Following a three-day bench trial, the trial court entered a final judgment in favor of the County. The court ruled that funding for the OIG program was not a discretionary budgeting decision, that the charges to the municipalities for the OIG program were not barred by the doctrine of sovereign immunity, that the citizens of the municipalities entered into a contract on behalf of their governing bodies to fund the OIG, and that the charges for the OIG program constituted a valid user fee or regulatory fee rather than an unlawful tax.
The trial court denied the municipalities' motion for rehearing, and this appeal followed.
On appeal, the municipalities contend that the trial court erred in concluding that the County could force them to pay for the OIG program by way of a referendum vote. The municipalities argue that sovereign immunity protects them from forced payment for the OIG program, unless waived by general law or contract. The municipalities contend that neither type of waiver occurred here.
In response, the County argues that by approving the referendum, the voters in the municipalities approved the funding for the OIG, thus eliminating any discretion on the part of the municipalities to avoid funding the program. The referendum and implementing ordinance, the County argues, was a proper exercise of the County's broad, residual power of self-government.
The issue of sovereign immunity is a legal issue subject to the de novo standard of review. Plancher v. UCF Athletics Ass'n, 175 So.3d 724, 725 n.3 (Fla. 2015).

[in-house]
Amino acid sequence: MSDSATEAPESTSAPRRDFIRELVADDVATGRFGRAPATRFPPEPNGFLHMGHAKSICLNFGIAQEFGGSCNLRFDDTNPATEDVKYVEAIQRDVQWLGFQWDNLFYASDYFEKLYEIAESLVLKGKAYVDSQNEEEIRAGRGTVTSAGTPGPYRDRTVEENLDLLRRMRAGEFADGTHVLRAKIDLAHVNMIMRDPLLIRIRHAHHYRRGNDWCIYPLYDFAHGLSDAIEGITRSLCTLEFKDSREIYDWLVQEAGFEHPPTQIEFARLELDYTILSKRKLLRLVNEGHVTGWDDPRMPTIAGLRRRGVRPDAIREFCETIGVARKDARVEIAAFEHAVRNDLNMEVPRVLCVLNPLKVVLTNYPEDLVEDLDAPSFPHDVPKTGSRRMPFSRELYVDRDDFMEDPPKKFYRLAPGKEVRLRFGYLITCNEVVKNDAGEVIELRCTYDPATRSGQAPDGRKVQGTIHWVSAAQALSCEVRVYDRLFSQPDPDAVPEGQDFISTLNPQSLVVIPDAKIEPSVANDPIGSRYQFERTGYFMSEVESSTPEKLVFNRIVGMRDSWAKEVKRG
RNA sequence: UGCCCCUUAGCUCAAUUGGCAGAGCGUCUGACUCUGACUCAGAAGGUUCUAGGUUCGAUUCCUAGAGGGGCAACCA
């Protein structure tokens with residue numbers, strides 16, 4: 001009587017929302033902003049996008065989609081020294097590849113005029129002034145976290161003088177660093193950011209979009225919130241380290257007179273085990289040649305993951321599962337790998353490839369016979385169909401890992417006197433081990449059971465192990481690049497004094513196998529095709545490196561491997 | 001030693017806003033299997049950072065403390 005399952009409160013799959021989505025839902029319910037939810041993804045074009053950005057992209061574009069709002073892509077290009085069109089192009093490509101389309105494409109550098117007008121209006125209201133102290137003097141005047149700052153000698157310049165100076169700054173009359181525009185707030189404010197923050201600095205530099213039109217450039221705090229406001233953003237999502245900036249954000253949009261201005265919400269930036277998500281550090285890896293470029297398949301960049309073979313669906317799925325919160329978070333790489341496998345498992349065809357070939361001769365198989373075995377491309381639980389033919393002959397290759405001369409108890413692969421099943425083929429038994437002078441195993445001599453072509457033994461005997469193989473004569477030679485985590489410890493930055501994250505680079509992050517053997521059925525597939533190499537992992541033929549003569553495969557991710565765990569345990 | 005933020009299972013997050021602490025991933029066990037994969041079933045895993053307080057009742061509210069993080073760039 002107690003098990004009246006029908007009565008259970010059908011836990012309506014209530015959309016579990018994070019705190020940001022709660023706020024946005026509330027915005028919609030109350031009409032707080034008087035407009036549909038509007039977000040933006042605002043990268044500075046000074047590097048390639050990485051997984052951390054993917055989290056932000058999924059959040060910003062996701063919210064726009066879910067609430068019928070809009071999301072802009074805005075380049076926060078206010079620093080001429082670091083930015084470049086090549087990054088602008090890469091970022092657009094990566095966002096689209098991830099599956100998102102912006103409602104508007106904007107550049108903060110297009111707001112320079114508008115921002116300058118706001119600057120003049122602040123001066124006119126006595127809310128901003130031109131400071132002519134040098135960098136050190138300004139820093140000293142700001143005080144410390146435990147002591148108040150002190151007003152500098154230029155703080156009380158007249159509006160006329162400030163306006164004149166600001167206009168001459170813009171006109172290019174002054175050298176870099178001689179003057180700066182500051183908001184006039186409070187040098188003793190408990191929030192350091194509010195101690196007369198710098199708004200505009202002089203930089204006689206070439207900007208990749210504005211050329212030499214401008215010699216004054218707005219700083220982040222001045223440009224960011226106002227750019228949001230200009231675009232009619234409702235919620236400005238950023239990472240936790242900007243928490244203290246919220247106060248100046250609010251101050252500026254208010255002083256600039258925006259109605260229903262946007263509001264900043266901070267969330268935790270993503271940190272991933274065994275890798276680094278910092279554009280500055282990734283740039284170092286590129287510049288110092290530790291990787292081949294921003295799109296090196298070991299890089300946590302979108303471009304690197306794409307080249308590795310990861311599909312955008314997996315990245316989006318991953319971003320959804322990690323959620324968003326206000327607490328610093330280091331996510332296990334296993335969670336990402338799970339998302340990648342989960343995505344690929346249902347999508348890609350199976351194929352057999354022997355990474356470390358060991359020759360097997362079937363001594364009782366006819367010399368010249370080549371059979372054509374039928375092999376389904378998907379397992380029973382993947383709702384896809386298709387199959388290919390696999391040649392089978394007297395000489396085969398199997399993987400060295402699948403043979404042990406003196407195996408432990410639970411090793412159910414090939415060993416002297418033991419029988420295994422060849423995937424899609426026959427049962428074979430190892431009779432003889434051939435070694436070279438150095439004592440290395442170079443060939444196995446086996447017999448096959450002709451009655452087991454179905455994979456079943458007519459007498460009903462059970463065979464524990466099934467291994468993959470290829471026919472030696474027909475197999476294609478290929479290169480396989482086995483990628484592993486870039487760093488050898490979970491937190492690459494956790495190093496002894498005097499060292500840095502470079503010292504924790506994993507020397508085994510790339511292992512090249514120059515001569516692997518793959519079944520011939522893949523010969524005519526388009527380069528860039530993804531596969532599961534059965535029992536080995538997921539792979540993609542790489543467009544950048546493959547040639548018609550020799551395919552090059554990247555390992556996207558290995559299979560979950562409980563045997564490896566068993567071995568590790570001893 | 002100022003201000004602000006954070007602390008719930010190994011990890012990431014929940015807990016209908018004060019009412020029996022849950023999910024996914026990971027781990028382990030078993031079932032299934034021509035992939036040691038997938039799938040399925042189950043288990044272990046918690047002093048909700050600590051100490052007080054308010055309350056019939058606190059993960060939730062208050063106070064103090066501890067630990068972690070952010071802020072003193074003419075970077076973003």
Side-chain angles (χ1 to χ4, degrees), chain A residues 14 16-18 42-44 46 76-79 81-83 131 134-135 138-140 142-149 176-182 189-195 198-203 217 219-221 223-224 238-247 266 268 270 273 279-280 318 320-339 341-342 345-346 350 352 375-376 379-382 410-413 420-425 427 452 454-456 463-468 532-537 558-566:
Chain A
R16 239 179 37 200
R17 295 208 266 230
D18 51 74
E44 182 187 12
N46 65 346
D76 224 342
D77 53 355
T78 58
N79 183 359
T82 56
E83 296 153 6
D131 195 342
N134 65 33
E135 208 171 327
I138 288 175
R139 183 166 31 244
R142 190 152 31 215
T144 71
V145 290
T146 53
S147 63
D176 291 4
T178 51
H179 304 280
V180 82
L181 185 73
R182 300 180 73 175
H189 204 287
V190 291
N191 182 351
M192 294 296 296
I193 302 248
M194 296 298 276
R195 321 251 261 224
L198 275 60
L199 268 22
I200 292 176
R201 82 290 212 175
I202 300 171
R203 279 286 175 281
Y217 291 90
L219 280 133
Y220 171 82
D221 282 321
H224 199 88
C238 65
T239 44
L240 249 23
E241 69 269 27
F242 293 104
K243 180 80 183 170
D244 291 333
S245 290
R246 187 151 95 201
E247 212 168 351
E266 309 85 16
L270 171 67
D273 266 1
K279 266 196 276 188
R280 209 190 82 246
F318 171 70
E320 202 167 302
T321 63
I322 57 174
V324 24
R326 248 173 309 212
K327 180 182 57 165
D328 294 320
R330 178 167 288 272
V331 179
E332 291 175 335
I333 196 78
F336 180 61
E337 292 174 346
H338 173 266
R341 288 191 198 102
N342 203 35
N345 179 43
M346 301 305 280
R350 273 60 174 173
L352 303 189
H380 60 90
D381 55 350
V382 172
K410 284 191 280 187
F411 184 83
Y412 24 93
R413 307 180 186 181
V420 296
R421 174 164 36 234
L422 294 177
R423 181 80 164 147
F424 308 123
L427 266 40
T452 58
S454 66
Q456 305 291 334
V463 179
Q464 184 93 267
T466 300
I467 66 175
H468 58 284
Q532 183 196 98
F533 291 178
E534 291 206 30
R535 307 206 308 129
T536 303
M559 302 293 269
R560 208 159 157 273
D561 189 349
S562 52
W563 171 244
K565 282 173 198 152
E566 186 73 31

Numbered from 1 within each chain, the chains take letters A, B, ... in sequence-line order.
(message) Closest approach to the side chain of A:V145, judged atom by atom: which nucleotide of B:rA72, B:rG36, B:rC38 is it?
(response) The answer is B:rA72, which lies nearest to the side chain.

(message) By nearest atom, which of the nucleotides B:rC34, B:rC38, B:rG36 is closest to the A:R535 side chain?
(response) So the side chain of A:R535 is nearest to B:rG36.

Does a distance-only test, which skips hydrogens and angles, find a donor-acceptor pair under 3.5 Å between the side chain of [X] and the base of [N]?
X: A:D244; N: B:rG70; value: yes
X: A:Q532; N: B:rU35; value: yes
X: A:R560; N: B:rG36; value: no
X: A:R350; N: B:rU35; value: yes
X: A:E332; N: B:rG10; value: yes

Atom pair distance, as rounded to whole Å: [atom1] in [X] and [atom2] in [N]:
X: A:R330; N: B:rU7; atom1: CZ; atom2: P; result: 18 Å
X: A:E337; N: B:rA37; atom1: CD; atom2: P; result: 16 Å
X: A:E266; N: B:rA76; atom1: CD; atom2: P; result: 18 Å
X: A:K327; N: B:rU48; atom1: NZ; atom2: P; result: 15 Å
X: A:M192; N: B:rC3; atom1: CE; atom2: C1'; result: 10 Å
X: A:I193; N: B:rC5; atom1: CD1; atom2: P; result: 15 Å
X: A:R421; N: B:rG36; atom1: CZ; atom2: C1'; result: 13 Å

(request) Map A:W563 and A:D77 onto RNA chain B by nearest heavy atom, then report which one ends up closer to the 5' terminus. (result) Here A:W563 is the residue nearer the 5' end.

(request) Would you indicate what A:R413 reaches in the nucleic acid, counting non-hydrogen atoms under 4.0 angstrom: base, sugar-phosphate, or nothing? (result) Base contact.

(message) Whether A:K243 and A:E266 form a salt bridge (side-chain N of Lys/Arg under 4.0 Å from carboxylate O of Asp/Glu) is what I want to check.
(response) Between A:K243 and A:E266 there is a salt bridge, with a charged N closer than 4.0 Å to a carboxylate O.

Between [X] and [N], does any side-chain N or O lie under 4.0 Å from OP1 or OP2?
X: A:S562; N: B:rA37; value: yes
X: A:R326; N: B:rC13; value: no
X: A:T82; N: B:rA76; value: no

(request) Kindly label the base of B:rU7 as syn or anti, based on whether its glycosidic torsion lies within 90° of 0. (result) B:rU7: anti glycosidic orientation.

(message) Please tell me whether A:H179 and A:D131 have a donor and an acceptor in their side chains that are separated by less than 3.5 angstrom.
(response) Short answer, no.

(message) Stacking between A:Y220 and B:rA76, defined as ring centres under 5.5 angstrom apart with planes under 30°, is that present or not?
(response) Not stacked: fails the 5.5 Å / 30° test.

Sovereign immunity protects the sovereign from being sued without its consent. City of Fort Lauderdale v. Israel, 178 So.3d 444, 446 (Fla. 4th DCA 2015). Under Florida law, sovereign immunity is the rule, rather than the exception. Pan–Am Tobacco Corp. v. Dep't of Corr., 471 So.2d 4, 5 (Fla. 1984). Any waiver of sovereign immunity “must be clear and unequivocal.” Manatee Cty. v. Town of Longboat Key, 365 So.2d 143, 147 (Fla. 1978).
Although municipal sovereign immunity was historically less broad than the sovereign immunity afforded to states, “[i]mmunity was always deemed to have existed for legislative, quasi-legislative, judicial and quasi-judicial acts of municipalities.” Commercial Carrier Corp. v. Indian River Cty., 371 So.2d 1010, 1015–16 (Fla. 1979). Furthermore, since 1968, municipalities, counties, and school districts have been in constitutional parity with one another. Cauley v. City of Jacksonville, 403 So.2d 379, 385 (Fla. 1981). Accordingly, the Florida Supreme Court has declared that “sovereign immunity should apply equally to all constitutionally authorized governmental entities and not in a disparate manner.” Id. at 387. “Municipalities can no longer be identified as partial outcasts as opposed to other constitutionally authorized local governmental entities.” 2 Id. at 386.
Where governmental actions are deemed discretionary, as opposed to operational, the government enjoys sovereign immunity. Commercial Carrier Corp., 371 So.2d at 1020–22. Discretionary or planning level functions “are generally interpreted to be those requiring basic policy decisions, while operational level functions are those that implement policy.” Id. at 1021.
A local government's decision to allocate scarce public resources is a discretionary, policy-making decision. Dennis v. City of Tampa, 581 So.2d 1345, 1351 (Fla. 2d DCA 1991). Indeed, budgetary considerations and fundamental questions of policy are discretionary matters outside the realm of courts, and are therefore shielded by sovereign immunity. State, Dep't of Health & Rehab. Servs. v. Lee, 665 So.2d 304, 307 (Fla. 1st DCA 1995).
Moreover, referendum provisions in a local government's charter are generally inapplicable to matters of appropriation and fiscal management. See State ex rel. Keefe v. City of St. Petersburg, 106 Fla. 742, 145 So. 175, 175 (1933) ( “To hold that the initiative and referendum provisions of the charter are applicable to appropriation ordinances, would materially obstruct, if not entirely defeat, the purpose of having a budget system.”); but compare Op. Att'y Gen. Fla. 09–12 (2009) (a municipal charter may be amended pursuant to a petition initiative to require voter approval of any capital improvement project exceeding $500,000).